“Why on the ceiling?” I yelled at my grandfather over the sound of the drill. I had both hands on the ladder, keeping it steady. At my feet, a small boom box, circa 1998 with CD player and tapedeck. Powder blue.
“It used to calm the chickens,” he said. “Hand me that thing, will ya?”
“I don’t get it.” I lifted the boom box up to him.
“Well,” he said, “when my daddy had a chicken farm, we used to play music for the chickens to calm them down when there were people in there—feeding or cleaning.”
I didn’t ask him any more questions as he continued to work. He’d been kind enough to let me stay with him since my parents and I weren’t getting along. He hadn’t blinked an eye when I basically moved my entire bedroom into his attic, which, as it happens, had been my father’s childhood bedroom. He retreated down the ladder, stepping back and admiring his handiwork. “Well, whaddya think?”
The boom box was suspended on four hooks, two close together under the handle and two further apart attached to the handle by cables so that they had the visual effect of tearing the boombox apart. The set-up looked sturdy and a little unreal.
I squinted at it. “Why the ceiling?”
“Well, honey,” Grandpa said, brushing his dusty hands on his pants, “chickens ain’t too clean sometimes. They also can’t fly.” He chuckled to himself. “Couldn’t wreck a radio on a ceiling.”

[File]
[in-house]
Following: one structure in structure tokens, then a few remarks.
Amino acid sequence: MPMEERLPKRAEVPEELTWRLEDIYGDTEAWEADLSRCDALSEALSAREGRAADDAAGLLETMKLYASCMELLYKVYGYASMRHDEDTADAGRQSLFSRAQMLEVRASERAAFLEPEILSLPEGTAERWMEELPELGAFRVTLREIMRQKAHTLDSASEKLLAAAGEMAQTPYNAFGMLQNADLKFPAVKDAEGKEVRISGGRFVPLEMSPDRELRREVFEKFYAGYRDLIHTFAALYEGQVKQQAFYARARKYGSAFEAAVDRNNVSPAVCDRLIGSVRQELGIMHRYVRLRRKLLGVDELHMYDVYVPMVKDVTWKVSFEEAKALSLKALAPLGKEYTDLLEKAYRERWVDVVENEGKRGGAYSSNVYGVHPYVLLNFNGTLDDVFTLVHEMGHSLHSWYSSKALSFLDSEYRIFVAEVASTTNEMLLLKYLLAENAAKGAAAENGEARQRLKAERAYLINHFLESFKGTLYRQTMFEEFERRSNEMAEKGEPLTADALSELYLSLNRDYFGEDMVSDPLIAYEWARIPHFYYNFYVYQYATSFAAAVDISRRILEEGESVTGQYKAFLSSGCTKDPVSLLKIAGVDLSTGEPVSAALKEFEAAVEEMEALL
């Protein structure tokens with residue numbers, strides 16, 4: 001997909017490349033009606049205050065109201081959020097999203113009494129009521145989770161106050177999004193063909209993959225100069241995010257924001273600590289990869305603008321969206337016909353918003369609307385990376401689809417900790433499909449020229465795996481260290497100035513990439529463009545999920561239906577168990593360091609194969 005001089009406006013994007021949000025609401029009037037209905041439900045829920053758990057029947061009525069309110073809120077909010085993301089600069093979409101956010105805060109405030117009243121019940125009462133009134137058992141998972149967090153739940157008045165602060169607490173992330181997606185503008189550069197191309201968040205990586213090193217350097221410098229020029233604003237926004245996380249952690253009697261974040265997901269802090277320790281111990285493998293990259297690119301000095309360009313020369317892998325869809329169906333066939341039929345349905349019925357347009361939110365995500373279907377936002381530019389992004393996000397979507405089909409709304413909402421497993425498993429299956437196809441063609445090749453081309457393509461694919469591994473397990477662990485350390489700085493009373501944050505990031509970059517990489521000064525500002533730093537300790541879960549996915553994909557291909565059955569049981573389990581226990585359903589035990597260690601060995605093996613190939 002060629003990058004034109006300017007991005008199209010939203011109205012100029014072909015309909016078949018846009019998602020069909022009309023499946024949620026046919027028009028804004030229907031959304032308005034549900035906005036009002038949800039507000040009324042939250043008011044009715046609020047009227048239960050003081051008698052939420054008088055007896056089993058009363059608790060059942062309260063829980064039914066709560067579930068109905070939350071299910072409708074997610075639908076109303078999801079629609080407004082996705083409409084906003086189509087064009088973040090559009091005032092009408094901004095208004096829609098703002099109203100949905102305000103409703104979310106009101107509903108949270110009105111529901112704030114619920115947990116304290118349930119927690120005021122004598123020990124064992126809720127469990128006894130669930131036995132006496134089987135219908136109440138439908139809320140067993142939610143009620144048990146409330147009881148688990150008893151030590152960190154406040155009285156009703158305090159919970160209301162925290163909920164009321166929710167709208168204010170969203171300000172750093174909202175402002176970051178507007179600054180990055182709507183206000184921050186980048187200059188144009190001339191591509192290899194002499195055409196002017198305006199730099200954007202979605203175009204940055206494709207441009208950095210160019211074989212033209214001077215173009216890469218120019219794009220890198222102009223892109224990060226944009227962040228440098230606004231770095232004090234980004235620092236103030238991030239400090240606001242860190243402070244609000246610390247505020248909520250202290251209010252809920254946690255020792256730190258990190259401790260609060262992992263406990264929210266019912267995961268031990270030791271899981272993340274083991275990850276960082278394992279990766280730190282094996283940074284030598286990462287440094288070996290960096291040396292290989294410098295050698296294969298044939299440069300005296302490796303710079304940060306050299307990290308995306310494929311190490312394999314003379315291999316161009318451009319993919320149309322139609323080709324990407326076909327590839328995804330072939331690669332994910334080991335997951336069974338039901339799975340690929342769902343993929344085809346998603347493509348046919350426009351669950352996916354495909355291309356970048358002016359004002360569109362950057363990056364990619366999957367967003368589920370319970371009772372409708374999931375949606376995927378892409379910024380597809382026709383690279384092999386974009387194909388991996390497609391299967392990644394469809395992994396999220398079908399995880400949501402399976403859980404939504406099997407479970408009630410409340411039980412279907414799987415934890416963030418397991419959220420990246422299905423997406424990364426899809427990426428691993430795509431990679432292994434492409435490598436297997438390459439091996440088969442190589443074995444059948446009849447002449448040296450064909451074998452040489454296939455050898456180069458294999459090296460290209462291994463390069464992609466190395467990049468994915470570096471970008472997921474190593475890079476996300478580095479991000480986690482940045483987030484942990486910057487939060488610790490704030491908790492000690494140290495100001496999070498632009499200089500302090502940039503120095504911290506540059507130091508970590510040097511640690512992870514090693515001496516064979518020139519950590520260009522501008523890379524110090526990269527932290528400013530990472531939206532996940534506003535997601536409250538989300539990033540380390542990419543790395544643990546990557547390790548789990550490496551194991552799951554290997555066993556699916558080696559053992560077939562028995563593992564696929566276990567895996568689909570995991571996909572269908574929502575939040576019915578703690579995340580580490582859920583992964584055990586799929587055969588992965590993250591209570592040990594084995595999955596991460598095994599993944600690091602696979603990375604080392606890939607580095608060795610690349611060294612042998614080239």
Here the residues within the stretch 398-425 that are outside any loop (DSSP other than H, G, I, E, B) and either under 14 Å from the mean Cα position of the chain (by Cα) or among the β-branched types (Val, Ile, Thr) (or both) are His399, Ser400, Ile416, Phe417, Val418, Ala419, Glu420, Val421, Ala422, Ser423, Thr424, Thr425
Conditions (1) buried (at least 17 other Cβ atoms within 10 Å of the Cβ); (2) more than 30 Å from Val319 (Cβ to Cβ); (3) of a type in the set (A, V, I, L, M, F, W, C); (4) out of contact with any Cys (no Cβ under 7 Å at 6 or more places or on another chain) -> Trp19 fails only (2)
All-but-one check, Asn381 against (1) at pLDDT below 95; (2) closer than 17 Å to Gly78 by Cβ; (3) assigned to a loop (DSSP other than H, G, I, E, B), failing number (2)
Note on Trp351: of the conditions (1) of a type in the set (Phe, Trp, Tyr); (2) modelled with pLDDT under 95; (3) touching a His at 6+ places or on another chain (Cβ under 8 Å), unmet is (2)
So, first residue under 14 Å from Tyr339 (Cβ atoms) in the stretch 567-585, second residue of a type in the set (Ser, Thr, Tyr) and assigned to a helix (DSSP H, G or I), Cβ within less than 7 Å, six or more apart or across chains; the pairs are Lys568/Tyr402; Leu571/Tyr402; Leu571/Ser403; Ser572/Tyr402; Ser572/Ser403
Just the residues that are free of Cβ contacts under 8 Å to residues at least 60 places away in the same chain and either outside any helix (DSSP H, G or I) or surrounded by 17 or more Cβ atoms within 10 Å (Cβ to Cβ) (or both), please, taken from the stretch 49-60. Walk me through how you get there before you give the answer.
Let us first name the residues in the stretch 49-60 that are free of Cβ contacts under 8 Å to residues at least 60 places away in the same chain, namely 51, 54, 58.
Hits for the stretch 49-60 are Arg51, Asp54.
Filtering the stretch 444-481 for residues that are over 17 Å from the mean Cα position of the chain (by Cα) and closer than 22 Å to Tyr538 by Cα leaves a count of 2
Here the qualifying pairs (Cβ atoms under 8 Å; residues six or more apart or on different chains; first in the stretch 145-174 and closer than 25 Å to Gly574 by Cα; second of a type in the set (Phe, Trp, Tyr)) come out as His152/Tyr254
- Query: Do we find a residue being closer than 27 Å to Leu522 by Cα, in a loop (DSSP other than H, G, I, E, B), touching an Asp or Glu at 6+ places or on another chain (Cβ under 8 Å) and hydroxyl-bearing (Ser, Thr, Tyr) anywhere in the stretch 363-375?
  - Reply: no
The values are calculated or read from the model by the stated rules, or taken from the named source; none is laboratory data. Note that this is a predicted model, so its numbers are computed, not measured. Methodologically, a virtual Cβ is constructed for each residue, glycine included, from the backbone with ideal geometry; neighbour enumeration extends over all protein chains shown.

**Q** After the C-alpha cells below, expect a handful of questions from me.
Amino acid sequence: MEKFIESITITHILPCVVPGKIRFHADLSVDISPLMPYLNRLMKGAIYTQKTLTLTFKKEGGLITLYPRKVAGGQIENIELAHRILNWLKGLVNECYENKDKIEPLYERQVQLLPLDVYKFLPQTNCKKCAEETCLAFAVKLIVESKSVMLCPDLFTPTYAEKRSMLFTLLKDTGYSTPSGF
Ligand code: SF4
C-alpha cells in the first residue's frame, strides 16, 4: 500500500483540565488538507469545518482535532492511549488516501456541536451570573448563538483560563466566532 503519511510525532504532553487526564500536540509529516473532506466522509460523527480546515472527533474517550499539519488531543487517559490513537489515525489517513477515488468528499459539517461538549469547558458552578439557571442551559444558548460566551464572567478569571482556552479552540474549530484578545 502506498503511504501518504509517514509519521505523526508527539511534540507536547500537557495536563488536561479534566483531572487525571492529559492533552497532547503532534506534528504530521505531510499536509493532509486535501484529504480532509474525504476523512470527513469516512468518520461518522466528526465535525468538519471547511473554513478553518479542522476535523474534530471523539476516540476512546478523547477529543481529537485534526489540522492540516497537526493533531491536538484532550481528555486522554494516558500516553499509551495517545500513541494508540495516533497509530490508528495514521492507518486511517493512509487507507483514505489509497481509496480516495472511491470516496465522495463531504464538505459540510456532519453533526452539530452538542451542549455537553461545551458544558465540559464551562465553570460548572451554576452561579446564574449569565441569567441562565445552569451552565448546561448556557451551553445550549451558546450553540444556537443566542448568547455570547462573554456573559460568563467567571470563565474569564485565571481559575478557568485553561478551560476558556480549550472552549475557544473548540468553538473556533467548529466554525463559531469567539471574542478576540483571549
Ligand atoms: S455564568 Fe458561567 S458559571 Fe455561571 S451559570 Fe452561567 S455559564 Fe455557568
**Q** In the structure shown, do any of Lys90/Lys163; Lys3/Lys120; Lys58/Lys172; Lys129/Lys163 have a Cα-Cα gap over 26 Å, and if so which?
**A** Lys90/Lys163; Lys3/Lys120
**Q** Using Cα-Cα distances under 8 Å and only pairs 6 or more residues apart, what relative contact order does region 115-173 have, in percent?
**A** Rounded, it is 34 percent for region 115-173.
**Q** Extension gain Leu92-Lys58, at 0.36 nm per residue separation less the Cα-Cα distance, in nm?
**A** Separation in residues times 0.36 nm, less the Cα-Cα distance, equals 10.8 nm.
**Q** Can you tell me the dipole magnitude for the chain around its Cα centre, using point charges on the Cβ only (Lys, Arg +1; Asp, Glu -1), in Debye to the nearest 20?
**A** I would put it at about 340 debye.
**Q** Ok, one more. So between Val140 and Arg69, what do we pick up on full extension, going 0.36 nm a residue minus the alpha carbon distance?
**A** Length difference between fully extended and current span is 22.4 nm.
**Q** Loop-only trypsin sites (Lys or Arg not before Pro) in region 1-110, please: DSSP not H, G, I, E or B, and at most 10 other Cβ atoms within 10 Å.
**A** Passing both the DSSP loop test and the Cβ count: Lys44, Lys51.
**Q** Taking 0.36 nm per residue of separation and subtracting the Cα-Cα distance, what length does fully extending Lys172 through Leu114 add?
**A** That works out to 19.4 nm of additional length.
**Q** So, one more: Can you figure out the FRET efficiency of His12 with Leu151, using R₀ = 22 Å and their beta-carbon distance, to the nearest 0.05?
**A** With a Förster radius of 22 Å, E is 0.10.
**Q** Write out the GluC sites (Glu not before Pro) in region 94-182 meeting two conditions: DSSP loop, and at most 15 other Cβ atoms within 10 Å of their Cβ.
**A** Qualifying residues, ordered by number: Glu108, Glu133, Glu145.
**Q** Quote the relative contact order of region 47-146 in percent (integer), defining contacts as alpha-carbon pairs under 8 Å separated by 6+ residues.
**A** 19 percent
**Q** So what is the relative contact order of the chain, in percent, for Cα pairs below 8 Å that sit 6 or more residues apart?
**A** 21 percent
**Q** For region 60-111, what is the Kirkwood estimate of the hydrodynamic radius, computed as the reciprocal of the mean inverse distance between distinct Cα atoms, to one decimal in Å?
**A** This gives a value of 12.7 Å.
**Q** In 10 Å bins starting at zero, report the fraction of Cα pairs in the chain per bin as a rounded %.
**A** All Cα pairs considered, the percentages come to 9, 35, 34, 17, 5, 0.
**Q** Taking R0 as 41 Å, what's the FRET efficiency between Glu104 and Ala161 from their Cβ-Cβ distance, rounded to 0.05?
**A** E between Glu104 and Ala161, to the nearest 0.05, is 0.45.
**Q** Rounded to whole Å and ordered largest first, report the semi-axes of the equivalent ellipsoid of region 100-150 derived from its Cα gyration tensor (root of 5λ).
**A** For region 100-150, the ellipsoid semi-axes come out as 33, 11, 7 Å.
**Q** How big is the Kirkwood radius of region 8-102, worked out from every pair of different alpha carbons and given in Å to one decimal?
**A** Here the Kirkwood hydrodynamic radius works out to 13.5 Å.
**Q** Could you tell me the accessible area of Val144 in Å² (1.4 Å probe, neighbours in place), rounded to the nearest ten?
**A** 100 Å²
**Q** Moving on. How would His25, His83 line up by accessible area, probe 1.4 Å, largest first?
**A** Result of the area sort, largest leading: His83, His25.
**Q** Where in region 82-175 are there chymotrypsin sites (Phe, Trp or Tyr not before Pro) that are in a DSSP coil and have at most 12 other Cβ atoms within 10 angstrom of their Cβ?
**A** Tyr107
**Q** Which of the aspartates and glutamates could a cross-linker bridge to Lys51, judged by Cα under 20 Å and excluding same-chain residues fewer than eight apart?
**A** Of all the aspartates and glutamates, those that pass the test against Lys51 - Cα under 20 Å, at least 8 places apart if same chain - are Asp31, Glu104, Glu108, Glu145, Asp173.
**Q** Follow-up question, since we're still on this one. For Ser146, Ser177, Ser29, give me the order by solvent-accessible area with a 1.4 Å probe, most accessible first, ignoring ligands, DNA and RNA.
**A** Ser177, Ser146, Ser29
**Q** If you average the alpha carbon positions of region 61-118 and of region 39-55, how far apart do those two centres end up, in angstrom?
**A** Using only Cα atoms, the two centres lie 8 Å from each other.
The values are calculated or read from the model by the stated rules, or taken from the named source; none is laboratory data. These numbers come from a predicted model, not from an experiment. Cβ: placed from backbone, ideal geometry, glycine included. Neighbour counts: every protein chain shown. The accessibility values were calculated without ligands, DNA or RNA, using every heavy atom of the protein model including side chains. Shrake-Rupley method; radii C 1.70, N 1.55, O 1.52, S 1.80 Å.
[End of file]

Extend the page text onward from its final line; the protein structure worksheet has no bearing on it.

We stared at the suspended boom box with our arms crossed as if we were in a museum. “But I’m not a chicken, Grandpa. And I’m twenty.” Next thing you know the old man would be bringing a crib up here.
He looked at me and winked. “I know that. I just thought you might want a radio in here.” He reached into his back pocket and handed me the remote, then snapped the ladder shut. “You wanna help me carry this downstairs?”
That night, I spread a sheet out on the twin mattress and switched off the light. It was only ten and Grandpa was already asleep. One stipulation of my stay was that I wasn’t to go out on weeknights. I lay on my back and stared up at the boom box. It stared down at me, two speakers for eyes, gaping tape deck mouth. I reached over and felt my iPod on the floor and the hard plastic of the stereo’s remote next to it.
I pressed power and Louie Armstrong’s deep voice sang out The odds were a hundred to one against me. I tapped down the volume but the sound still filled every corner with sound. He’d set it to the same music he’d listened to as a boy, helping his dad on the farm. I closed my eyes, imagining the rows of chicken cages, the volume lowering from squawks to gentle clucks as Ella Fitzgerald’s voice came on, a duet, asking who’s got the last laugh now?
Kristin Fitzsimmons lives in Minneapolis, where she is a recent graduate of the MFA Program in Creative Writing at the University of Minnesota.